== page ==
This past Sunday, I stopped at Beale’s on Route 25 outside Gorham for a mocha fudge ice cream cone. After plunking down three bucks and leaving 50 cents in the tip jar, I strolled back to my vehicle to savor my purchase, thinking about how this summertime treat has been part of my life ever since I can remember.

This favorite family tradition was started long ago by my parents, who were almost as religious about taking us to the Fair Haven Dairy Bar on Sunday afternoons as they were about getting us to Mass earlier in the day.

Since I was the oldest, I was often the one to stand at the Dairy Bar’s window with my father’s hard-earned dollar bill clutched in my hand, ready to issue the family’s order, a monumental task. My parents often made it easier by ordering the same thing, which was usually maple walnut, size large for 25 cents. Yet, sometimes, Dad had a hankering for butter brickle, or Mom craved orange pineapple or black raspberry. (I won’t soon forget the auspicious day my littlest sister discovered mint chocolate chip. I do believe it was the first time I beheld a human being in absolute ecstasy.)

I had my favorites, too, with chocolate and fudge ripple at the forefront, although occasionally I was in the mood for lemon or orange sherbet – and was thrilled beyond belief when rainbow sherbet was invented. I wasn’t as excited as the rest of the family when the Dairy Bar procured a soft ice cream machine, however. To this day, I feel strongly that ice cream should be hard and very cold, not soft and too quick to melt into a puddle.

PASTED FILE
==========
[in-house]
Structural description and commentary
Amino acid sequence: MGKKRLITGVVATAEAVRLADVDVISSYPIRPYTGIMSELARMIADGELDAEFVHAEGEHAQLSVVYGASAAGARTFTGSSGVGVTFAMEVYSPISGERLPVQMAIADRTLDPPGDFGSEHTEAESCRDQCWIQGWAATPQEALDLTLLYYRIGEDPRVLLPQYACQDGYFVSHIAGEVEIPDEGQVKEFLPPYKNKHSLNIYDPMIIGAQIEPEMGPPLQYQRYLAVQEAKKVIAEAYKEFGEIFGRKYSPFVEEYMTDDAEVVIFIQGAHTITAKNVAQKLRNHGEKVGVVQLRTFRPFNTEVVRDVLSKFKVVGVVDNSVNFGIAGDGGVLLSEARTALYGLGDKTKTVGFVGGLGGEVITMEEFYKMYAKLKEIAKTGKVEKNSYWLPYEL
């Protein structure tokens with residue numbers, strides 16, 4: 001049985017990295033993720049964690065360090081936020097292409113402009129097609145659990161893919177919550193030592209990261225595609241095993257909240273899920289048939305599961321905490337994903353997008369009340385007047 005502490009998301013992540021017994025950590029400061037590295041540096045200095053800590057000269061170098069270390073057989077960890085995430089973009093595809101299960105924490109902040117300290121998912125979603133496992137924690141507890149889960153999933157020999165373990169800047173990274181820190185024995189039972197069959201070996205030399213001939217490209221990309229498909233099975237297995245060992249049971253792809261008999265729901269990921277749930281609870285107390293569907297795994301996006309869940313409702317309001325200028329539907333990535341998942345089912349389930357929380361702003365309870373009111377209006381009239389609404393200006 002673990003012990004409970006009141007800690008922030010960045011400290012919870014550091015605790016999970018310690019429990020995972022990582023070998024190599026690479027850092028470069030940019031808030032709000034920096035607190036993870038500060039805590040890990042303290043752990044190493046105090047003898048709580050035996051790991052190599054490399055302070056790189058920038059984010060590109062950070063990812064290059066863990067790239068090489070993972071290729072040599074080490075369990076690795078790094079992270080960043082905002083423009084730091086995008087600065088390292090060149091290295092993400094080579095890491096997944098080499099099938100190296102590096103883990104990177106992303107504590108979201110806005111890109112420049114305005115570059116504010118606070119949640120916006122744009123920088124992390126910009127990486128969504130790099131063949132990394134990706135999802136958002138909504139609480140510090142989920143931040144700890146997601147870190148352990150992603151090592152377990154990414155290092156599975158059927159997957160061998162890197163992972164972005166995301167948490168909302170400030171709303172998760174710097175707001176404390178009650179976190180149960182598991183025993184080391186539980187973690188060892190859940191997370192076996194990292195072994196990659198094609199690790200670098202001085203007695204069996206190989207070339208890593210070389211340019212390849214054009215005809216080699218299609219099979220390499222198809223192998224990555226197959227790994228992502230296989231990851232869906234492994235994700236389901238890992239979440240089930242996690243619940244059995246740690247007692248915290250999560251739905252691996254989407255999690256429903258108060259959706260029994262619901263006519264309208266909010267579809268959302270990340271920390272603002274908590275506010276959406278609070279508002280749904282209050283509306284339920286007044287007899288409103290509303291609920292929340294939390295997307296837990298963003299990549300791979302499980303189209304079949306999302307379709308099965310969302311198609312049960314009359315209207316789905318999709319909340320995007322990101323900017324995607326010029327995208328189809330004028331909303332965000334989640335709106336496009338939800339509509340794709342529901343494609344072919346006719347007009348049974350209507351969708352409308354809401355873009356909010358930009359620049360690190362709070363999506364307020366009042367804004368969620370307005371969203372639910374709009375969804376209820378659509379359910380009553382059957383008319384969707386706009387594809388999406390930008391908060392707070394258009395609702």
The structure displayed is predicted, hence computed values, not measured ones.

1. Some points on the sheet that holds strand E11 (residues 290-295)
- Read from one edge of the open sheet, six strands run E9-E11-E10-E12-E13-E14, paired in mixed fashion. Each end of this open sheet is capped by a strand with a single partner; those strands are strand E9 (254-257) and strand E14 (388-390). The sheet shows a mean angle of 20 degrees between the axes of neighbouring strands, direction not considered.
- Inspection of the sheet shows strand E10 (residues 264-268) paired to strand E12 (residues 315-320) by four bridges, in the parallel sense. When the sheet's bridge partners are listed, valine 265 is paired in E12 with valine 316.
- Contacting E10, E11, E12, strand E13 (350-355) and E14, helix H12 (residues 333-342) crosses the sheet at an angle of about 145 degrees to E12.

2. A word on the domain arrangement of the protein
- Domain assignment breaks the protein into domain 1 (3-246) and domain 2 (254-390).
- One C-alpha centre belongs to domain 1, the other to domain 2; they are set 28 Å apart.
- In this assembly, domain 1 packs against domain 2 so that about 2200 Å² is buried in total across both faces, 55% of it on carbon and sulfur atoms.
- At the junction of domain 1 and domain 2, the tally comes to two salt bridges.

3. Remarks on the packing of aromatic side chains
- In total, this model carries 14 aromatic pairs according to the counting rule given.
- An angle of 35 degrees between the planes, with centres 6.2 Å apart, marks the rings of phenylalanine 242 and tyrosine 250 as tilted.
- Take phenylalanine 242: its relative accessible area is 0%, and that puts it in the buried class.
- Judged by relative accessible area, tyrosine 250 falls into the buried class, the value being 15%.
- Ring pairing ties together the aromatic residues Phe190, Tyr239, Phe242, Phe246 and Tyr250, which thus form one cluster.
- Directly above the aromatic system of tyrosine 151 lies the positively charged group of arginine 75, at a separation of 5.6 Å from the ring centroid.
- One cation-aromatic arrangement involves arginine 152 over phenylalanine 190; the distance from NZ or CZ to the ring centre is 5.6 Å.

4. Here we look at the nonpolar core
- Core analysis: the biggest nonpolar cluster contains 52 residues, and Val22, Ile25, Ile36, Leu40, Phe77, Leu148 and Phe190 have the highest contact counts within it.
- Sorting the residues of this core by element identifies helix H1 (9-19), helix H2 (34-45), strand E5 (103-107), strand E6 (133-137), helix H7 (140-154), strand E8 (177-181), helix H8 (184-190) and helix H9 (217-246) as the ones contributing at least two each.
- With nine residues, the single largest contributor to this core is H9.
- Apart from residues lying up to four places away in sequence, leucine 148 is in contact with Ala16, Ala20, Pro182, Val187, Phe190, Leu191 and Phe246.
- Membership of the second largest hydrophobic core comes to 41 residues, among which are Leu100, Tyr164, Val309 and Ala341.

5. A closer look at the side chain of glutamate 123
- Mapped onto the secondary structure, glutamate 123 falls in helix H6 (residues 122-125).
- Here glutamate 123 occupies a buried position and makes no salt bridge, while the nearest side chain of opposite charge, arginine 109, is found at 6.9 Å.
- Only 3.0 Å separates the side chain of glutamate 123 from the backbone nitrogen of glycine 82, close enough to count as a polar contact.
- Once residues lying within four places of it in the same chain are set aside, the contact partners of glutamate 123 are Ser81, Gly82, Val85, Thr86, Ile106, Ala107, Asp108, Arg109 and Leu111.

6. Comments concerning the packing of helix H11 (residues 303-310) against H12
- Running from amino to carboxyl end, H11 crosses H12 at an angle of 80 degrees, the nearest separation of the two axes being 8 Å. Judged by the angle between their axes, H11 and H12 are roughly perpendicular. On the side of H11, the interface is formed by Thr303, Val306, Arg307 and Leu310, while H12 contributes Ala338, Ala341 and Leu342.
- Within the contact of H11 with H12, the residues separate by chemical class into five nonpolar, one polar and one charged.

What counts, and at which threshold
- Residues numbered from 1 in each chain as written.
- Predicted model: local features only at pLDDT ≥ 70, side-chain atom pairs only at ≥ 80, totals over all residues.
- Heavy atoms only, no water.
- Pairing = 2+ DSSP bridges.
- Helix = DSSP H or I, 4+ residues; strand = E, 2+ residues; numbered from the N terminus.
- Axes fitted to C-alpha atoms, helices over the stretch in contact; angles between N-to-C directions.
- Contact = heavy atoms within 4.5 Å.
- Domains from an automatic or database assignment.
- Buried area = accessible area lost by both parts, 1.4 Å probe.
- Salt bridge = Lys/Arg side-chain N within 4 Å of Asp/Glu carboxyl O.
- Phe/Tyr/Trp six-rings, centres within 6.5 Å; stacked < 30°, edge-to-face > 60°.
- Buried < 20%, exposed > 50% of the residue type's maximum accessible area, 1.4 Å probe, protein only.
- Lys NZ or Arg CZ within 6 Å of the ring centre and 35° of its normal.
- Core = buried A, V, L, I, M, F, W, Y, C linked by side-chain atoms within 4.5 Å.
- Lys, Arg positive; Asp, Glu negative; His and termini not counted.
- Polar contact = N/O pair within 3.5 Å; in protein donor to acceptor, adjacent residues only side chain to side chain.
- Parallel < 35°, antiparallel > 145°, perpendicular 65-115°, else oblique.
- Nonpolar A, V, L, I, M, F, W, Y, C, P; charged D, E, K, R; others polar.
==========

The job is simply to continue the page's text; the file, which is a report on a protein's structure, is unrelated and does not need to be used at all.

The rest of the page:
What I remember most about those Sunday sojourns is how grown-up and responsible I felt, holding that dollar, as I stood in line amongst the townies and tourists. After carefully delivering the cones two at a time, and returning the dime in change, I sat in the car with the rest of the family while Dad regaled us with his stories.

We all had a lick of each other’s frozen treats and “kissed” our 10-cent, medium-sized cones, which meant bumping one another’s ice cream together gently, just enough to have a dollop of the different flavor against our own. When we were finished, Mom wiped us up with the wet washcloth she’d brought along. Then we headed for home, feeling satisfied beyond measure.

Years later, when I started a family of my own, I made it a point to carry on this fine Sunday tradition. Upon our arrival in Maine 26 years ago, one of my first missions was to find the nearest ice cream stand. Our family has its favorites, but the one we frequented most when my daughters were small was the Richmond Dairy Bar. After we moved from Bowdoinham to Topsham, we became regulars at Dairy Queen on Main Street, and one special summer my daughter Katie had the distinction of being employed at Cote’s in downtown Brunswick. You better believe we made many visits to that fine establishment and still do to this day.

Now that my girls have all grown up, and especially since my waist has grown a tad wider, I don’t eat ice cream every Sunday; but when I do, I can’t help but recall those long-ago, carefree days of my youth, how the pavement of the Fair Haven Dairy Bar parking lot warmed my bare feet and how for less than a dollar, our family of six feasted on the creamy, cool elixir of summer.

Karen Schneider is a freelance writer living in West Bath. She may be reached by e-mail at [email protected]


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